Everything in Moderation? Just Kidding!

You won’t be surprised to know that my conversations with people often turn to discussions about food. As soon as someone finds out I’m a dietitian, one of the first questions they ask is, “What do you think of <insert “low carb”, “Atkins”, or name of some other diet>?” The second most common thing that gets said to me is by people who generally follow a healthy eating pattern. They will say, “Everything in moderation, right?”

The expression was derived from Aristotle’s Nicomachean Ethics, in which he examines the philosophy of morals. In one of the books, Aristotle states that every virtue is the result of finding the mean (or the average) between the two extremes of a state of being. For example, courage is the mean between acting rashly and being a coward, whereas generosity is the mean between being wasteful and being stingy. Thus came about the expression (and all its variations): Moderation in all things.

While I see where Aristotle is coming from as it relates to morality, I actually think it is a terrible philosophy as it relates to food, and this is why:

  • There are some things we should never eat. Included in this category for everyone are things like transfats, artificial sweeteners, and any other food-like product that was created in a lab. People who have IgE or non-IgE mediated allergies should never eat foods to which they have an allergic reaction. People with an autoimmune disease should seriously consider never eating gluten or dairy or any other food that has been shown to trigger or exacerbate their autoimmunity.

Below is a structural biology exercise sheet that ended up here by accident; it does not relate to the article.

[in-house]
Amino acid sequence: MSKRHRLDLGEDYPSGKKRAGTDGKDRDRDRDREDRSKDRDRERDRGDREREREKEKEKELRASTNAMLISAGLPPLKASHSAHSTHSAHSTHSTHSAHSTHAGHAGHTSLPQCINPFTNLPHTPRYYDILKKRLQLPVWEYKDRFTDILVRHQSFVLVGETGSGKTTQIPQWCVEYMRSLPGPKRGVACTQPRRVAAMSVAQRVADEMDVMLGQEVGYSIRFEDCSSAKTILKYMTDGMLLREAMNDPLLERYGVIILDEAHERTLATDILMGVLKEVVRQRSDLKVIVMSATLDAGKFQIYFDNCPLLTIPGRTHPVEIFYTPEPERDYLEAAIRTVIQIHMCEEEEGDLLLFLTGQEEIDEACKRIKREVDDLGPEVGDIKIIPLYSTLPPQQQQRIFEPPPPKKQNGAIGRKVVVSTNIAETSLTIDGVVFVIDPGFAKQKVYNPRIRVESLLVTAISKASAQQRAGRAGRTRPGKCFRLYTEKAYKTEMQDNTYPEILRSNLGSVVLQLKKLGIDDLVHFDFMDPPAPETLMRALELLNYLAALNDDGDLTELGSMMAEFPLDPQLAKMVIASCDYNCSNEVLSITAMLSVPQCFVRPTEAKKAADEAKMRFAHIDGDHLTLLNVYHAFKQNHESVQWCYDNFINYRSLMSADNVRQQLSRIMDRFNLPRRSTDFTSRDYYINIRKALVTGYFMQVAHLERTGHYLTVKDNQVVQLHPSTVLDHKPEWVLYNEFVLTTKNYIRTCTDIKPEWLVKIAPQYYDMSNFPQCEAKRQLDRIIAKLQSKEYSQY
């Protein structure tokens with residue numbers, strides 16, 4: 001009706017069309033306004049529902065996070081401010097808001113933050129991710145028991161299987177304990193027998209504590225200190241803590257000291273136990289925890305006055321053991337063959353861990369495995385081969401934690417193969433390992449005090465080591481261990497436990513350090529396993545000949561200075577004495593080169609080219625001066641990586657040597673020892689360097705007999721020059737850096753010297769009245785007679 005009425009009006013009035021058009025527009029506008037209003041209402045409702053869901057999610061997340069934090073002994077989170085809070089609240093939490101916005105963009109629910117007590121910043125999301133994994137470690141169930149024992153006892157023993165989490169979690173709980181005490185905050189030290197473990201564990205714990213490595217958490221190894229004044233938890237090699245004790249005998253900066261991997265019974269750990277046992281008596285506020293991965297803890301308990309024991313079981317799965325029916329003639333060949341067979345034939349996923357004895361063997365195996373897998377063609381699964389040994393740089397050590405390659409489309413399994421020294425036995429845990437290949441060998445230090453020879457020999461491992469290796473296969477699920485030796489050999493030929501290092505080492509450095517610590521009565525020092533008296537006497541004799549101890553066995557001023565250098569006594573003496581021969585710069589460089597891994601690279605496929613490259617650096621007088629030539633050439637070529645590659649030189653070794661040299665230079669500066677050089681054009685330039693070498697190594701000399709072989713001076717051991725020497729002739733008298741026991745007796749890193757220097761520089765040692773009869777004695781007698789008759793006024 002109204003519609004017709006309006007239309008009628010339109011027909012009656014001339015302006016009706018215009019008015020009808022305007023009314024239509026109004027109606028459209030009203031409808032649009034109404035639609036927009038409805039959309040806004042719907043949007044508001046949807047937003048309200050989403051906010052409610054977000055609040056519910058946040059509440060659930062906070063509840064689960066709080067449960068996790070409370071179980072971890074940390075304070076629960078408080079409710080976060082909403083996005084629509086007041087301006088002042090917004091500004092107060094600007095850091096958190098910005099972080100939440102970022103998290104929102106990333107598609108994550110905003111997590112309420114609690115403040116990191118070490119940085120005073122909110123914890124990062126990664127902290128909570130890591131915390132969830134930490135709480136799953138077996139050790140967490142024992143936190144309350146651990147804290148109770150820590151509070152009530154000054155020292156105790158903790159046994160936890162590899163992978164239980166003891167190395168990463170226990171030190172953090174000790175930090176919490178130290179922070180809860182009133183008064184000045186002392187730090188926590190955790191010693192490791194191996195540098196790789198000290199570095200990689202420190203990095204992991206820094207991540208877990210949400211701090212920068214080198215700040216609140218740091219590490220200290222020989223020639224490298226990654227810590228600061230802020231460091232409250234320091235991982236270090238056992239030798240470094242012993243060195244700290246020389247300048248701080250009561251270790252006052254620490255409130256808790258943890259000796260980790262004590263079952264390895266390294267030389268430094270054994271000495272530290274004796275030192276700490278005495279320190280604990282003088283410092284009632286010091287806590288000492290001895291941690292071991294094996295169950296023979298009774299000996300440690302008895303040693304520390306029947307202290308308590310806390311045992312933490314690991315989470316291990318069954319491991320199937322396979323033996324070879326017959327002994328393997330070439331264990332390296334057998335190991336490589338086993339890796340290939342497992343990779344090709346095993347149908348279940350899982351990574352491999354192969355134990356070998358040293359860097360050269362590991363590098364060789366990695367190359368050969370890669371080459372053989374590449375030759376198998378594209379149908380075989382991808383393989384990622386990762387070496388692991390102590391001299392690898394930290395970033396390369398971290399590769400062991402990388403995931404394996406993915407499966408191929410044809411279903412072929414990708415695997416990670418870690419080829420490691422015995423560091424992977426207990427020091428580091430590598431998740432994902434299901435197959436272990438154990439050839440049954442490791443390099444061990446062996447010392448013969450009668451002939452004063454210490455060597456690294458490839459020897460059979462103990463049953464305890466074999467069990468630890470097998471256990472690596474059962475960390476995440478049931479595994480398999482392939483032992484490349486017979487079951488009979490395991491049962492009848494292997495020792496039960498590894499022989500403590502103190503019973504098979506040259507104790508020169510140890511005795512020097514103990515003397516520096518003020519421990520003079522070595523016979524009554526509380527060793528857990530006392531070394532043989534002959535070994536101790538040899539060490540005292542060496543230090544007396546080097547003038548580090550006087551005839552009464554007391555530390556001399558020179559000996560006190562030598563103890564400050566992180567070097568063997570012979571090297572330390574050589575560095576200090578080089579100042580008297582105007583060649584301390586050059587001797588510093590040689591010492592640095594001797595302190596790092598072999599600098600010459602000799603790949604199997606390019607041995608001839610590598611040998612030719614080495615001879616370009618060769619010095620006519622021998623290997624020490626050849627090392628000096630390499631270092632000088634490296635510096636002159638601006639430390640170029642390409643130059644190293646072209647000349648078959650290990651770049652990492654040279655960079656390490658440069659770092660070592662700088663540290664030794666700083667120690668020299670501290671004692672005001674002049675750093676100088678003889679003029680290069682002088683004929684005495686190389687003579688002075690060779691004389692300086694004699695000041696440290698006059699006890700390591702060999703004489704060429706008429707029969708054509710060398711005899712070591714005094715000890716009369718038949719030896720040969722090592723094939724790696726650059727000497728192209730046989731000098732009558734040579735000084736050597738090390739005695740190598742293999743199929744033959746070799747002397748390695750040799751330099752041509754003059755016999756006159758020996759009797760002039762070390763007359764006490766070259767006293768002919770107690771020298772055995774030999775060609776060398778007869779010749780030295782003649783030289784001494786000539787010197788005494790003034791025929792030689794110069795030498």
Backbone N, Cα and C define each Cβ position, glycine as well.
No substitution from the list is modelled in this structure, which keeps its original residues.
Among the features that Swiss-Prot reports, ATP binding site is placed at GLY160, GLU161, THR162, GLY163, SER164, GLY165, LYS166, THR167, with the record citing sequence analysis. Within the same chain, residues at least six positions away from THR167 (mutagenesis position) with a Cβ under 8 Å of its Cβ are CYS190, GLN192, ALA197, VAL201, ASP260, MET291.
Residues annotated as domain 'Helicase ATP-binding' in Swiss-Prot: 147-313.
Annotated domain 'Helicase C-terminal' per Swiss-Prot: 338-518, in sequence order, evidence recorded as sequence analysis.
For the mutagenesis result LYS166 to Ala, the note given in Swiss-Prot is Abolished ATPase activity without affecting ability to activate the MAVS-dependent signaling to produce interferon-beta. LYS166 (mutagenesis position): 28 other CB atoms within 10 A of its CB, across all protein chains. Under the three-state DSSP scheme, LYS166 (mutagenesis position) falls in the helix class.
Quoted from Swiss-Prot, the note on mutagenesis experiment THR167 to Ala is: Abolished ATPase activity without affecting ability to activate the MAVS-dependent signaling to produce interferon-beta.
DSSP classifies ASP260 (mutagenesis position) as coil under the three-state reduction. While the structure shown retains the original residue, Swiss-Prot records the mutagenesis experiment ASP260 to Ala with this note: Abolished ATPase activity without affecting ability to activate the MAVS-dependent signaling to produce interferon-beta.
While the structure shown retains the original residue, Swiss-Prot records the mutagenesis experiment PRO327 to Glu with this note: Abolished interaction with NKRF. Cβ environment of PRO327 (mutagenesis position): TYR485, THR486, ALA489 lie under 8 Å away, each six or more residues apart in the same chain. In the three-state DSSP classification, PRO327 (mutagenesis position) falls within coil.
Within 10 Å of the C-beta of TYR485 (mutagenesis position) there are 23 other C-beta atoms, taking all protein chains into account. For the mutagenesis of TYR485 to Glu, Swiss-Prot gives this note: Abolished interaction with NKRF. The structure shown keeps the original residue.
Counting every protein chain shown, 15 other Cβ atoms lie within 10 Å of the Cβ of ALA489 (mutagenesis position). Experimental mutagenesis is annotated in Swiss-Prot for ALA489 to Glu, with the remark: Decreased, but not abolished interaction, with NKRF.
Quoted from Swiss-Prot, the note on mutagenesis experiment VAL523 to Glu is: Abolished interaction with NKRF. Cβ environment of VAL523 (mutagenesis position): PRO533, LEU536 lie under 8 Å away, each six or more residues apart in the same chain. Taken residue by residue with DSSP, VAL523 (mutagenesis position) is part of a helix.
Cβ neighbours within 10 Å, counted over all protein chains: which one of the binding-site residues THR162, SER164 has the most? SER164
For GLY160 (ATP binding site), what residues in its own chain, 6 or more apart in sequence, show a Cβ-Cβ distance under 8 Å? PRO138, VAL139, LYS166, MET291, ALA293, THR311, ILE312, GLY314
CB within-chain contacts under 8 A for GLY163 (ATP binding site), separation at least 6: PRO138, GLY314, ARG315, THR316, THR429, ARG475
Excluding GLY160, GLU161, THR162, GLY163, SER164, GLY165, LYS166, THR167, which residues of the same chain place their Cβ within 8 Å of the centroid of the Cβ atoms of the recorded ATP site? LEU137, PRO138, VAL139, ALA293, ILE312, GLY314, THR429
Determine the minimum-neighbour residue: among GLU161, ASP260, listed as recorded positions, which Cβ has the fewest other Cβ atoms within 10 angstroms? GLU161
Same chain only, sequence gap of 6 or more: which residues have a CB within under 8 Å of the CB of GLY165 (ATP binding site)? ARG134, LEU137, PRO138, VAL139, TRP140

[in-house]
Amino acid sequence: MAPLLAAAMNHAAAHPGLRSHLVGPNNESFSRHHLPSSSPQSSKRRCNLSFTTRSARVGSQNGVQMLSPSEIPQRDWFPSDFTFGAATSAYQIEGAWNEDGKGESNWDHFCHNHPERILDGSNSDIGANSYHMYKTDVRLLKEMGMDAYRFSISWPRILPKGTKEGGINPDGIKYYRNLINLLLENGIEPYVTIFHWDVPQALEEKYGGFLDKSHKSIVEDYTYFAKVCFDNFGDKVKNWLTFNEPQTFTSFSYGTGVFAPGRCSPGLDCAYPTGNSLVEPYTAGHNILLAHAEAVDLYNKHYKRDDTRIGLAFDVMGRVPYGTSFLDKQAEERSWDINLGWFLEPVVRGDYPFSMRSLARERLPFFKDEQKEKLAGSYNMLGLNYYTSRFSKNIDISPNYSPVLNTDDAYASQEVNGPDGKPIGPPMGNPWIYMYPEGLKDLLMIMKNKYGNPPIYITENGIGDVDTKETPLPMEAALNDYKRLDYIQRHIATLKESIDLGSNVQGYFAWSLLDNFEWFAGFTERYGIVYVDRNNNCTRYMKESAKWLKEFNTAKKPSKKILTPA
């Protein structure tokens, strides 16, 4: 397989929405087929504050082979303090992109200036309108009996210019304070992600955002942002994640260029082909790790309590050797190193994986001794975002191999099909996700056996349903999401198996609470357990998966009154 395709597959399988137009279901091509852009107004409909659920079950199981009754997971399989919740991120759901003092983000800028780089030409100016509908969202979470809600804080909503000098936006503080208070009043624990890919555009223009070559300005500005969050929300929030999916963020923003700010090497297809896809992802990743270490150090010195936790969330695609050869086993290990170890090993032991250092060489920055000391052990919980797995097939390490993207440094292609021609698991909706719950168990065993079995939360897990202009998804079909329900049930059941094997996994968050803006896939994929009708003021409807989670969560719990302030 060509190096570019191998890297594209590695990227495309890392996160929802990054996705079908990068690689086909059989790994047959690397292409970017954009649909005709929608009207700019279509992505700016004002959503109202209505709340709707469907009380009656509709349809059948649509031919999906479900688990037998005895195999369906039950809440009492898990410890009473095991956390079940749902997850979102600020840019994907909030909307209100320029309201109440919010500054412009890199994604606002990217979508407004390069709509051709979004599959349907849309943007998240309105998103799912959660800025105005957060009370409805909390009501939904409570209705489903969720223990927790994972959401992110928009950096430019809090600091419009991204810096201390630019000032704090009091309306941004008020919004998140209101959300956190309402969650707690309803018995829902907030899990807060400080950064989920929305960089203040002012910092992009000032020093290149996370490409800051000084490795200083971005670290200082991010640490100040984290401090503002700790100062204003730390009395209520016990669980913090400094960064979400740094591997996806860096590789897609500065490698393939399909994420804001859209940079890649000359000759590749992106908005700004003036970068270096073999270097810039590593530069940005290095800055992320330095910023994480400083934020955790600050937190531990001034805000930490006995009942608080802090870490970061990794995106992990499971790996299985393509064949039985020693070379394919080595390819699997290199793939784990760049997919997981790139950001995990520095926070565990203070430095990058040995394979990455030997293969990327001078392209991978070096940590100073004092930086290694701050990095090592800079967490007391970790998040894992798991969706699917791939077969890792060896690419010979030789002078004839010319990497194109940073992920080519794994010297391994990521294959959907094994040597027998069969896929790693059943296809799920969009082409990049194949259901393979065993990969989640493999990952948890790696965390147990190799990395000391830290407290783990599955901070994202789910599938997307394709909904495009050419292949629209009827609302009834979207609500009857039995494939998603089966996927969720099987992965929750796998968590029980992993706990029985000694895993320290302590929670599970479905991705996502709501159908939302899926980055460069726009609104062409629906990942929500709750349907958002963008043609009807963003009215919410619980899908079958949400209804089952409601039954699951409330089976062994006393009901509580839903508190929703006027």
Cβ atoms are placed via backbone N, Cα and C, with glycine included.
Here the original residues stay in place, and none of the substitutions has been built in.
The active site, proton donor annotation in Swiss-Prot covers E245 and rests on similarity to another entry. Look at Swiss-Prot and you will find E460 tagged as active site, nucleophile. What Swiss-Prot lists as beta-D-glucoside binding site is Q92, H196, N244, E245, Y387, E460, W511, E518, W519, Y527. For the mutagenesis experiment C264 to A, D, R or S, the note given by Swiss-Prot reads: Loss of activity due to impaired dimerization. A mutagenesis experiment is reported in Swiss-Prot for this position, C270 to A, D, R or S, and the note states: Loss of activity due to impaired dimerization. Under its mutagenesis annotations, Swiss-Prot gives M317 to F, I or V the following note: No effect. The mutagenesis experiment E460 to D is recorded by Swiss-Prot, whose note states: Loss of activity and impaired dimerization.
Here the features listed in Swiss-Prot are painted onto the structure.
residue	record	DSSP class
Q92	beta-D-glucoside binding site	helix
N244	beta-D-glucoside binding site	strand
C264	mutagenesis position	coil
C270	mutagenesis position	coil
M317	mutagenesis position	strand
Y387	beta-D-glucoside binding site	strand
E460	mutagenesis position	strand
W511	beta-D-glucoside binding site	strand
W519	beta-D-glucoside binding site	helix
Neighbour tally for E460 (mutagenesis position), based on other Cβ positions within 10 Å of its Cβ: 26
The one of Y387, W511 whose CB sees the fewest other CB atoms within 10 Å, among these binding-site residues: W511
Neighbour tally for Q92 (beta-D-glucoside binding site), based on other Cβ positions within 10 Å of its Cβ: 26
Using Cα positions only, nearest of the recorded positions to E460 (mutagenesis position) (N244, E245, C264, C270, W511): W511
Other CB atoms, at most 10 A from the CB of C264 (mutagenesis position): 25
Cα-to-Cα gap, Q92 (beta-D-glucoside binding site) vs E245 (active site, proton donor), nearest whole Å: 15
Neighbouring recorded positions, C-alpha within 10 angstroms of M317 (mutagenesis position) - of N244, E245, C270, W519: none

• Some foods should be eaten sometimes or rarely, depending on your physiology and environment. These categories include:
    • Real foods that are not going to kill us (either quickly or slowly), but that don’t really have any nutritional value. This includes alcohol, desserts, and other treats like pizza and potato chips.
    • Any food to which you have been shown to have a sensitivity or an intolerance.
    • The less-than-ideal versions of real foods… like grain fed meat or fish raised on a non-eco-friendly farm or non-organic produce on the EWG’s Dirty Dozen list.

(Note: I admit there is a bit of subjectivity here because you have to figure out how often you want to have that food that makes you feel bad or how well you detoxify so you know how much alcohol you can drink or how available the ideal versions of foods are. This is another example of why nutrition should be personalized.)

  • Some foods can always be eaten because they are just so dang good for us (so long as you don’t have an allergy, sensitivity, or intolerance, of course).  This includes vegetables, fruits, legumes, grass-fed meat/poultry, wild fish/seafood, dairy and eggs from grass-fed animals, and whole grains.

I first heard the “always, sometimes, rarely, never” guideline for food from Andy Bellatti, MS, RD, and I have to say I kind of like it!  It better describes the scale of nutritional value in food and food-like products, so we don’t inadvertently lump them all together. (Even though I know you are an intelligent person who knows it’s not really true that you can have all things in moderation, saying it can make it feel true.)

As well, allowing greater variability in food consumption frequency gives us the freedom to personalize our diets such that we can look and feel like the most vibrant versions of ourselves.  And that’s what we all really want, right?


—Environmental Working Group. Dirty dozen. In EWG’s 2015 Shopper’s Guide to Pesticides in Produce. Accessed on March 31, 2015. http://www.ewg.org/foodnews/dirty_dozen_list.php
— Kemerling G. Aristotle: Ethics and the Virtues. Accessed on March 31, 2015. http://www.philosophypages.com/hy/2s.htm

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